I don't think that Hannibal is all that able to mimic appropriate human behavior. He doesn't even seem to try that hard to do so -- if he were making a real effort, he probably wouldn't go around in power suits and spend all his time being inhumanely meticulous. He doesn't want to seem human, he wants to seem better than human.*

I think that Hannibal walks around like he's in charge. Other people who flatter themselves that they're in charge, too (at least in charge of themselves, but maybe of even more than that), like Alana, Jack, Bella, and Bedelia, see a flatteringly controlled and commanding reflection of themselves in him, so he doesn't unsettle them or scare them and maybe they even get a little egotistical thrill around him. That is, until Hannibal breaks their confidence by proving to them that *he's* the one who's really in charge of everything, and they're just at his mercy. Perversely, I think Hannibal proves that to them by "saving" them (he did that to Bedelia and Bella, anyway, and I think he's probably going to soon prove to Alana that she's at his mercy, too).

His methods kind of remind me of old fashioned dog training, thinking about it (especially since there was so much discussion in the thread for a while there about the dogs, my favorite characters who are never on screen), because Hannibal likes to break people by breaking their confidence, especially their confidence that they're able to protect themselves -- he convinces them that without his help they'll be helpless, even though he's mostly just making them protect themselves against him.** How Bedelia acted around Hannibal reminded me of a dog scared into obedience like that -- to me, she seemed terrified, and knew what she should even be terrified of, but she also seemed to feel a sort of gratitude and love and liked him treating her as his special pet, I think.

Anyway, Hannibal doesn't have to prove to Will or some of the others that they're at his mercy and they can't control anything much or protect themselves, though, because they sense it on their own.

I think that's where Beverly maybe comes in -- she was very sensible and thoughtful and insightful, but as a scientist, she also was just meant to gather and interpret evidence, not create it or control the results. I think that Beverly's scientifically-minded efforts to be objective kept her from being too cocky or arrogant, which kept her from buying into the Boss image that Hannibal likes to reflect back at people to keep them flattered and complacent, so he creeped her out. But on the other hand, not buying into that image and needing to endlessly gather data and refusing to leap to conclusions -- all hallmarks of being a good scientist, and why I loved Beverly -- were also what got her into that basement in the first place.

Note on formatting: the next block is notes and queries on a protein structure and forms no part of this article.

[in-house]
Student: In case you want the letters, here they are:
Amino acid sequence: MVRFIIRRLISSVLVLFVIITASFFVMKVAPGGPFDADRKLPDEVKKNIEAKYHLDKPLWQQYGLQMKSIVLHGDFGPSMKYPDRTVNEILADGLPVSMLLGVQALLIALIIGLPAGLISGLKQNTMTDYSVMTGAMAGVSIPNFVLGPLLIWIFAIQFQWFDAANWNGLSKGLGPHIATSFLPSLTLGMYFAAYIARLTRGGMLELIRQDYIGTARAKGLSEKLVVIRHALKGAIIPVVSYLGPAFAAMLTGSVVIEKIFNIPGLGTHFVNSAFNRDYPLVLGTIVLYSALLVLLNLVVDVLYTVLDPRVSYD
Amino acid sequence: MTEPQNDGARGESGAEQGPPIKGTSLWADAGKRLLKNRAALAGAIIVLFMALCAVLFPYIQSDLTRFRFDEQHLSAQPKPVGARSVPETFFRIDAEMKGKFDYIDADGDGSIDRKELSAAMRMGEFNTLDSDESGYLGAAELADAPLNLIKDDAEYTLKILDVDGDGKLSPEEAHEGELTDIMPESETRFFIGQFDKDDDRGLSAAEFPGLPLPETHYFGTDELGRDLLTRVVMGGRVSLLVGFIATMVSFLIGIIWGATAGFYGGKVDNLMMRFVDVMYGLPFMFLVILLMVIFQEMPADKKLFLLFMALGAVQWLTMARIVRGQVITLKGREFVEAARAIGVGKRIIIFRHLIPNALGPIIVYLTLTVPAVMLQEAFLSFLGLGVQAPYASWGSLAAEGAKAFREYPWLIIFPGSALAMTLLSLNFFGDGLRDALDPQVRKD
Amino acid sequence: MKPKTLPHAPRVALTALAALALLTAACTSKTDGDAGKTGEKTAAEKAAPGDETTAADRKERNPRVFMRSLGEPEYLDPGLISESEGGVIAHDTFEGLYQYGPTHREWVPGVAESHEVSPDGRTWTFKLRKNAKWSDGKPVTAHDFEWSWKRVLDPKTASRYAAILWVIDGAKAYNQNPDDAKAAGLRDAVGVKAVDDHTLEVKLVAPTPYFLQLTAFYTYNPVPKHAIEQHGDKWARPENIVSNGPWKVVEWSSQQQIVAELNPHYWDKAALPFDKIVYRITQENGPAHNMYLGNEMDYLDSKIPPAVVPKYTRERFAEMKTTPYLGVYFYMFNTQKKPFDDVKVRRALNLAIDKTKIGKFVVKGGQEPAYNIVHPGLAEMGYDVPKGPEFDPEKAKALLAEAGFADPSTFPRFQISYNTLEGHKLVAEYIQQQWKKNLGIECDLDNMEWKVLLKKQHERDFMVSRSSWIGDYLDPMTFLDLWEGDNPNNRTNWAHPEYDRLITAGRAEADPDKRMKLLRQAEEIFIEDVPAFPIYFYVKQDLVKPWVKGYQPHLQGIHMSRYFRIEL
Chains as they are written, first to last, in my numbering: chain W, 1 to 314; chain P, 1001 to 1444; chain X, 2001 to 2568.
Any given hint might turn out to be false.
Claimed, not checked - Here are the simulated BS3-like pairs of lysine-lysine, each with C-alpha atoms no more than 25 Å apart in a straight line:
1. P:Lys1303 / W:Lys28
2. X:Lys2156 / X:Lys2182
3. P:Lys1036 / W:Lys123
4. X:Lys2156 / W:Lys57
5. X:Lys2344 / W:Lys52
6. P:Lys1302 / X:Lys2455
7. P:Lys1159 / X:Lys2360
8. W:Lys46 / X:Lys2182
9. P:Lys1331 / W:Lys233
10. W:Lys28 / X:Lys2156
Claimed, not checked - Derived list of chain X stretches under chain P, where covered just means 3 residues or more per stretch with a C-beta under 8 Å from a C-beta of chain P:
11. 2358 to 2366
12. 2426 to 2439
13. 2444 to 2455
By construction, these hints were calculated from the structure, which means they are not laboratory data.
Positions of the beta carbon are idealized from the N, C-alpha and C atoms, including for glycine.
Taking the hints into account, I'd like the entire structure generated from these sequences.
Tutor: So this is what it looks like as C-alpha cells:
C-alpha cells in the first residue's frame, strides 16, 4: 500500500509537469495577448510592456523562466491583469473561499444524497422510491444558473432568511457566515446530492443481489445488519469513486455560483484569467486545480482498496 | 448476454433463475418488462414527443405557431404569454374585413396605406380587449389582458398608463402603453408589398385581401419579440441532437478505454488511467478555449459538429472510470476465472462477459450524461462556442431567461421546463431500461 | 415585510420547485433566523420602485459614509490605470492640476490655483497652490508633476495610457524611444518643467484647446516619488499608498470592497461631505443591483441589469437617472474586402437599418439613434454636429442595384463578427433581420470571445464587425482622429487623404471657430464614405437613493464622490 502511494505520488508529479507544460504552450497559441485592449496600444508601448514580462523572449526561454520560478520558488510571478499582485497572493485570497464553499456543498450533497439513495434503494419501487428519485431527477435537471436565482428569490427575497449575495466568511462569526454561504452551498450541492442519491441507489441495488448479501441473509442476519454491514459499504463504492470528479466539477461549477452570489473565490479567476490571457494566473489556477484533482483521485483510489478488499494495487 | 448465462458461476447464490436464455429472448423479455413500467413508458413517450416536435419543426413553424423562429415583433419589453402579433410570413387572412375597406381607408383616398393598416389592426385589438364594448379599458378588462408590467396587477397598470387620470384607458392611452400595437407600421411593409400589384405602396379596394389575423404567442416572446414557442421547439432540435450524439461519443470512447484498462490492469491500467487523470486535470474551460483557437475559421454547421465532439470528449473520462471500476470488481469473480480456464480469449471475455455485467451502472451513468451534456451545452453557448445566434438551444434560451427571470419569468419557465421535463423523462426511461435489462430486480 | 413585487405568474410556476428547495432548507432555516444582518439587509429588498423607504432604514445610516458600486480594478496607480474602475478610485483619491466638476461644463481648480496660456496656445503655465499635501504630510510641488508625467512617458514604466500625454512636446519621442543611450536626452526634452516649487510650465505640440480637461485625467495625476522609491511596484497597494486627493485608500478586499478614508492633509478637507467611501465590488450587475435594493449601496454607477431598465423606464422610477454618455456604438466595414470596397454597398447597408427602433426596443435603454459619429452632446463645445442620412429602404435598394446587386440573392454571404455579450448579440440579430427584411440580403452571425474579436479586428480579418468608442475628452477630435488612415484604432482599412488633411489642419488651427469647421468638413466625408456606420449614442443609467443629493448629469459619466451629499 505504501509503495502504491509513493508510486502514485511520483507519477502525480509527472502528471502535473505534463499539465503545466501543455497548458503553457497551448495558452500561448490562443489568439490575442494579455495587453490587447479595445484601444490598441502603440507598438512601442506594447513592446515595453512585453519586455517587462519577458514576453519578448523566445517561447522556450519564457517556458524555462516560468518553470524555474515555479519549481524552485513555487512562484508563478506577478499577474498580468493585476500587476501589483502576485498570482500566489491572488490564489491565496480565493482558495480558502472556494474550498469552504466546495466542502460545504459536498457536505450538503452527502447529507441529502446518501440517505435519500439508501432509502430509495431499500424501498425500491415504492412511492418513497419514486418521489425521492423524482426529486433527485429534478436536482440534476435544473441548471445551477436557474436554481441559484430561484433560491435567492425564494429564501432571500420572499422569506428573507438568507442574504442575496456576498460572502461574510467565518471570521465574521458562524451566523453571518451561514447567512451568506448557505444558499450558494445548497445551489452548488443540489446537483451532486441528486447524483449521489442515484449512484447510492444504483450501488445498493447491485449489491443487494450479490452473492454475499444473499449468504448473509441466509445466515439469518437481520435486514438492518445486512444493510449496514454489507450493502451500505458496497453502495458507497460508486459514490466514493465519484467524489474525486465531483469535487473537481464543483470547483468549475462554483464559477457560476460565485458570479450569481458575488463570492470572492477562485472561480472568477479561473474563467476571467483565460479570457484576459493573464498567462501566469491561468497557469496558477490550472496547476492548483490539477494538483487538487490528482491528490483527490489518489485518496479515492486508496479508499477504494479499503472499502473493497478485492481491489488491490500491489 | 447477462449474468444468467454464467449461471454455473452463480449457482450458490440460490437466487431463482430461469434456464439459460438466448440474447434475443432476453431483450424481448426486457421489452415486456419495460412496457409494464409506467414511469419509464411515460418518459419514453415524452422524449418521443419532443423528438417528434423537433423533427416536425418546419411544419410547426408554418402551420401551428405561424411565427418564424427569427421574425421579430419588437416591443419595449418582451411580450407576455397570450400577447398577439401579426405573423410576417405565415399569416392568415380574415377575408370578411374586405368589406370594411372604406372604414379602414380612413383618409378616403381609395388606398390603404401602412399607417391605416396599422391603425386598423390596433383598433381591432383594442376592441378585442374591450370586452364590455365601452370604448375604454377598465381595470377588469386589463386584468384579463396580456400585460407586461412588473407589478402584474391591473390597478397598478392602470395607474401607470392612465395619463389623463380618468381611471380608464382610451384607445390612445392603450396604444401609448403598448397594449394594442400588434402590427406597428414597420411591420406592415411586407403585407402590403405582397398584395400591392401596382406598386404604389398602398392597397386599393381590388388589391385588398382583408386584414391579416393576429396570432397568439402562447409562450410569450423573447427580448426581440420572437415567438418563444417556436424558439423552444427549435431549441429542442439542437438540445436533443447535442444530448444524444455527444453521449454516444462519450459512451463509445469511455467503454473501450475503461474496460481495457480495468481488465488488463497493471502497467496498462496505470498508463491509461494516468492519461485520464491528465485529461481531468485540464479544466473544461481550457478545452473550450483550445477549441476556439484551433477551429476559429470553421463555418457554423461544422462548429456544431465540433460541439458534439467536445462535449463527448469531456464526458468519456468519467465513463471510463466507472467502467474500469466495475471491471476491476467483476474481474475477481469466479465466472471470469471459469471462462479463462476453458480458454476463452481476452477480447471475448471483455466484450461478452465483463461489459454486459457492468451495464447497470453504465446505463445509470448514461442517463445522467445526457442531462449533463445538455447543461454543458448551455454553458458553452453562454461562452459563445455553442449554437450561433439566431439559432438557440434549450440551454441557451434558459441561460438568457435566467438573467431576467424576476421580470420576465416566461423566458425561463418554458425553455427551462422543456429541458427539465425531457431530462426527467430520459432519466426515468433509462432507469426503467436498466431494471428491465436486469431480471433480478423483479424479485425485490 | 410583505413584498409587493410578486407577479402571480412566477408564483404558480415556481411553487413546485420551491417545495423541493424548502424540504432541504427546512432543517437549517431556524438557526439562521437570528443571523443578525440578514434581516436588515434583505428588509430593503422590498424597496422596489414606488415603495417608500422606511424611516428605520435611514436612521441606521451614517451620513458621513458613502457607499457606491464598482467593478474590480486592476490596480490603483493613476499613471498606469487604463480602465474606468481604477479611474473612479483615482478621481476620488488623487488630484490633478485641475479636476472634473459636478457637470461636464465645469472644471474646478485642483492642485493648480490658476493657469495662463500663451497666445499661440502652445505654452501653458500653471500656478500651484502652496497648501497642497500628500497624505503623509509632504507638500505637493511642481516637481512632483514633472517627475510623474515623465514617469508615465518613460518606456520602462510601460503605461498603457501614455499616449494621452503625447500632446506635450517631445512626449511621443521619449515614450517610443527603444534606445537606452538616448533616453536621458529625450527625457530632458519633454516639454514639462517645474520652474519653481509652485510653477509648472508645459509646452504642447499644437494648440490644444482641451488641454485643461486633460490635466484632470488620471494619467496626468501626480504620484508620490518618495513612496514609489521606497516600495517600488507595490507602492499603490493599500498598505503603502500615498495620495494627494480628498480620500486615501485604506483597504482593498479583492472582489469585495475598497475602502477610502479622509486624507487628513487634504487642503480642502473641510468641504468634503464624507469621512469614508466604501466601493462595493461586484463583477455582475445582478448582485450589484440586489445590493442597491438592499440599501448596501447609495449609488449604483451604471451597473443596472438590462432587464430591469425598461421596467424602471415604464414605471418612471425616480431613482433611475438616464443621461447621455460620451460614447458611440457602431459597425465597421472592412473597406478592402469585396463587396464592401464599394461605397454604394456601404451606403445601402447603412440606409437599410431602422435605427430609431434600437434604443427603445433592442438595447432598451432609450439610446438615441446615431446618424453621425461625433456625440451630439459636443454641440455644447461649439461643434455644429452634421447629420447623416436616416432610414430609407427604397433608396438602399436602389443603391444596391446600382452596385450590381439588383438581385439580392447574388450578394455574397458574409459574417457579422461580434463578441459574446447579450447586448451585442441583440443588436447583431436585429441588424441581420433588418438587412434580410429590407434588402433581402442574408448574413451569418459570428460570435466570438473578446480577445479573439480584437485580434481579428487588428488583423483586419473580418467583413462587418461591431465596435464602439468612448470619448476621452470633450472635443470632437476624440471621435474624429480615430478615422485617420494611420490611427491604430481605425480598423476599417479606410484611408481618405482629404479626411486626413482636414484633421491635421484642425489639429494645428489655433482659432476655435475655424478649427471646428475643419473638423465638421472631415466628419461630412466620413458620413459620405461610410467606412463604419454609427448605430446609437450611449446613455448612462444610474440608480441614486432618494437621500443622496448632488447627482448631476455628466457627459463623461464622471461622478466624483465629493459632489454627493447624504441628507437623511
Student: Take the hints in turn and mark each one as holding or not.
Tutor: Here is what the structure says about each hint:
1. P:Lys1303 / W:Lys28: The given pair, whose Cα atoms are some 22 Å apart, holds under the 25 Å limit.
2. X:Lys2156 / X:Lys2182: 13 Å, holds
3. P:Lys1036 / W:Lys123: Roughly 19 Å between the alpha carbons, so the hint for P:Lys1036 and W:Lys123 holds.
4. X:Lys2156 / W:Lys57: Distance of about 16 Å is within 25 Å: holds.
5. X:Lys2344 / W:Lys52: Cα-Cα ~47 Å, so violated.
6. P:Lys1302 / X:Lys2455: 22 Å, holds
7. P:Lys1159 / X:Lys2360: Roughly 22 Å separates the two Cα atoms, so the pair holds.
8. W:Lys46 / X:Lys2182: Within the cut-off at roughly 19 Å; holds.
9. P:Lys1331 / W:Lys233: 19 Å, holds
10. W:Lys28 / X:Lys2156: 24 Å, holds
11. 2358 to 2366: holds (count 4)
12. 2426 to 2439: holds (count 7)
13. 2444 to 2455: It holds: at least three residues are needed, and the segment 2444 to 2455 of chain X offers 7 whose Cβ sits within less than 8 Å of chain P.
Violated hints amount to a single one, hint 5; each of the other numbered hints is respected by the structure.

*This is likely old hat to you guys? I'm sorry if it is. I'm not as up on this show as most of you probably are, because I watch it and like it, but my main Serial Killer/Movie Idol Prequel TV Show is "Bates Motel." Which is *wonderful.* This season is *wonderful.* But I think it's much more...feminine (?) in its preoccupations then "Hannibal," and has about 1/8th the gore, sort of a different beast.

**The place where I've seen a lot of that kind of dog training in real life is around pit bull fighting (which I think is a horrifying practice, don't worry). If Hannibal has the same sort of mentality toward the people in his life as those assholes have toward their dogs, I wonder if feeding people to each other is his version of those dog fights?
posted by rue72 at 6:58 PM on March 27 [6 favorites]


Cleolinda is like "but his damage, with his grandmother, is all tied to masculinity"

Dolarhyde's damage is far more related to his cleft palate which his cruel grandmother wouldn't treat so he was a deformed freak nicknamed "cuntface" until he entered the army and they fixed it for him.
posted by localroger at 7:15 PM on March 27


Someone who isn't cracked out on cold medicine-- did Fuller and Co. explicitly say the fight scene is from the last episode? Because I'm wondering if twelve weeks really is twelve episodes.

From the AV Club walkthrough with Bryan Fuller for episode one: